• They say “Champion Bloodlines” What it should say on the pedigree information (you should ask to see) is CH in front of the parent’s names, or  GCH. Anyone can advertise Champion Bloodlines if 6 generations back a dog on the pedigree was championed out, as it is technically a champion pedigree, however not a good one. Make sure the “Champion” title is in the same organization as the papers the Puppy Comes with. The Champion pedigree should come from the AKC. If the pedigree is not from the AKC and they come with AKC papers, that does not make sense and is a common thing BYB ( backyard breeders do) is a huge red flag. I have seen them advertise Champion parents in APRI ( not reputable at all) and sell them with AKC papers. These individuals in my opinion are taking advantage of others solely for a profit.
  • If they allow you to pick up the puppies before 8 weeks. Puppies learn so much from their mothers and littermates during this time. In addition, they could go through another fear period it is best they are with their mothers, until they are at least 8 weeks, 9-10 weeks for pickup is all the better! To learn more about critical socialization period visit: most states have laws about not picking puppies up before 8 weeks of age as well.
  • They do not health test- You should ask for a copy of the health tests on the parents. GET the number and look it up online. For the recommended health tests for your breed and to look up the results visits:
  • They are unable to tell you about any of the issues in their lines. Great Breeders are always trying to improve their breed, therefore they should be able to tell you what they are working to improve in their lines.
  • They can’t tell you why they chose to breed the two dogs. As described by Stuhr Great Danes: “A lot of your reputable breeders will use an outside stud dog to better the breed. Why use the dog you have in the backyard when a better suitable male can be used via AI frozen, fresh chilled, or natural. Don’t get me wrong, some reputable breeders might breed a male that they own to their bitch because that was the best choice. Don’t be afraid to ask questions about the parents. Any reputable breeder can tell you why they bred that particular sire to their dam.”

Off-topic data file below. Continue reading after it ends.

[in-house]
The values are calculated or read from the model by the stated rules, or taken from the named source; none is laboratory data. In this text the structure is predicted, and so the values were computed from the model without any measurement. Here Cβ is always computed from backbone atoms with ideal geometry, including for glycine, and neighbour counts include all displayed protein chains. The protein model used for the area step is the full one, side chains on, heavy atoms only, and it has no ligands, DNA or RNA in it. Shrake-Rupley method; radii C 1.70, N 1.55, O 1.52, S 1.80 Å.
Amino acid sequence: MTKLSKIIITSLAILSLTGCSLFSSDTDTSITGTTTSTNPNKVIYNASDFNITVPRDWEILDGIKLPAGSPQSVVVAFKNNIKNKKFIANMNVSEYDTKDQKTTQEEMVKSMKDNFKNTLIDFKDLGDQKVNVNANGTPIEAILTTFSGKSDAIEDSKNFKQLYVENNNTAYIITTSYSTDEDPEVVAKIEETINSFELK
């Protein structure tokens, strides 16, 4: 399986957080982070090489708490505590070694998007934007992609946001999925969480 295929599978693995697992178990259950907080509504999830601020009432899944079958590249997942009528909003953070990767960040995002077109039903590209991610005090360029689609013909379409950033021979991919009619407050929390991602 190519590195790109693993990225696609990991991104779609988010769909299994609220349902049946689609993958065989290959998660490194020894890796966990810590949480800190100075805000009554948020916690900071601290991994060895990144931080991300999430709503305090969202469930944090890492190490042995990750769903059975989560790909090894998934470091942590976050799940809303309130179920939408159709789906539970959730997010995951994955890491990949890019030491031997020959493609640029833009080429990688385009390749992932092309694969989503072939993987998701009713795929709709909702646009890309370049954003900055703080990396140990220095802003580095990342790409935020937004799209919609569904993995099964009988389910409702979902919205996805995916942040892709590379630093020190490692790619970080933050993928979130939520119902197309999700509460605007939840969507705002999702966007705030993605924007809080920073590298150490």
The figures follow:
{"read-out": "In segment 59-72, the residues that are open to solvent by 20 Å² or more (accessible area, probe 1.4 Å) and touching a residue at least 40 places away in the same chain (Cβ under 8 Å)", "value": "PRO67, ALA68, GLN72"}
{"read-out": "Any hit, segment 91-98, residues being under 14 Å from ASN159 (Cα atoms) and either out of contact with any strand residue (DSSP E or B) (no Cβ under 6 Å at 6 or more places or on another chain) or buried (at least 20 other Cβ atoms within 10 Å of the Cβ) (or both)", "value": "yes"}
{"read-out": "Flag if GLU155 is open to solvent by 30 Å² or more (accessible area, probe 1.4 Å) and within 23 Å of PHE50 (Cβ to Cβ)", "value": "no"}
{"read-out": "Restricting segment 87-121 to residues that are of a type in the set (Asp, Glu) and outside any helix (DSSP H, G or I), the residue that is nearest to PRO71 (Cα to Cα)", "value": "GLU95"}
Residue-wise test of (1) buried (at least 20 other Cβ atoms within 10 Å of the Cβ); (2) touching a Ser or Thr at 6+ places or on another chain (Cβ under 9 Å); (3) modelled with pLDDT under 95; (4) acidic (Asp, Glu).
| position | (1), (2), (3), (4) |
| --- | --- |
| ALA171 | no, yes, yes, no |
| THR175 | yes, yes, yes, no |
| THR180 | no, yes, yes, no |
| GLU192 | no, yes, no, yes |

• They do not offer at least a 2 year contract FROM THE DATE OF PICK UP. You cannot complete many health tests until your dog is 2 years old. So if the contract is only good until their second birthday and you can’t get them in on that exact day, you are up a creek without a paddle. look for a contract that covers you over their second birthday. Also google the breeder, ask their references, contracts are only as good as the people that sign them. Make sure that in the contract that there is something to the fact of the breeder will cover all genetic faults in the dog. If you are not sure what a great contract should look like, reach out to a kennel club in your area. They  should be able to help you or reach out to the national breed club of the breed you are looking for.
  • They do not take the puppies back. Reputable breeders have it in their contract, that if for any reason you cannot keep your puppy it must come back to them. Reputable breeders care about what happens to their puppies and do not want them to end up in a rescue.
  • The breeder doesn’t have an application process- reputable breeders do their best to make sure the breed and the puppy will live well with your lifestyle. They care where their puppies go. They also typically have a waiting list, but not always.

Other things to consider:

  • Websites can fool anyone. Check those references, and visit onsite. This is a person who is going to be there for you if have any issues or need help with your puppy. If they are not interested in getting to know you as well, I would not get a puppy from them.
  • Ask to see a copy of the sire and dam’s OFA test results. If they do not provide you with that shop elsewhere.
  • Ask to see the pedigree
  • Contact local breed specific rescue sites or local pound to ask about the breeder
  • Google them!
  • Keep in mind this list is not all inclusive, but is meant to be an outline to help you get started  in finding a great breeder. It is a buyer beware market and I hope you found this information useful. I sure wish I had something like this a few years ago…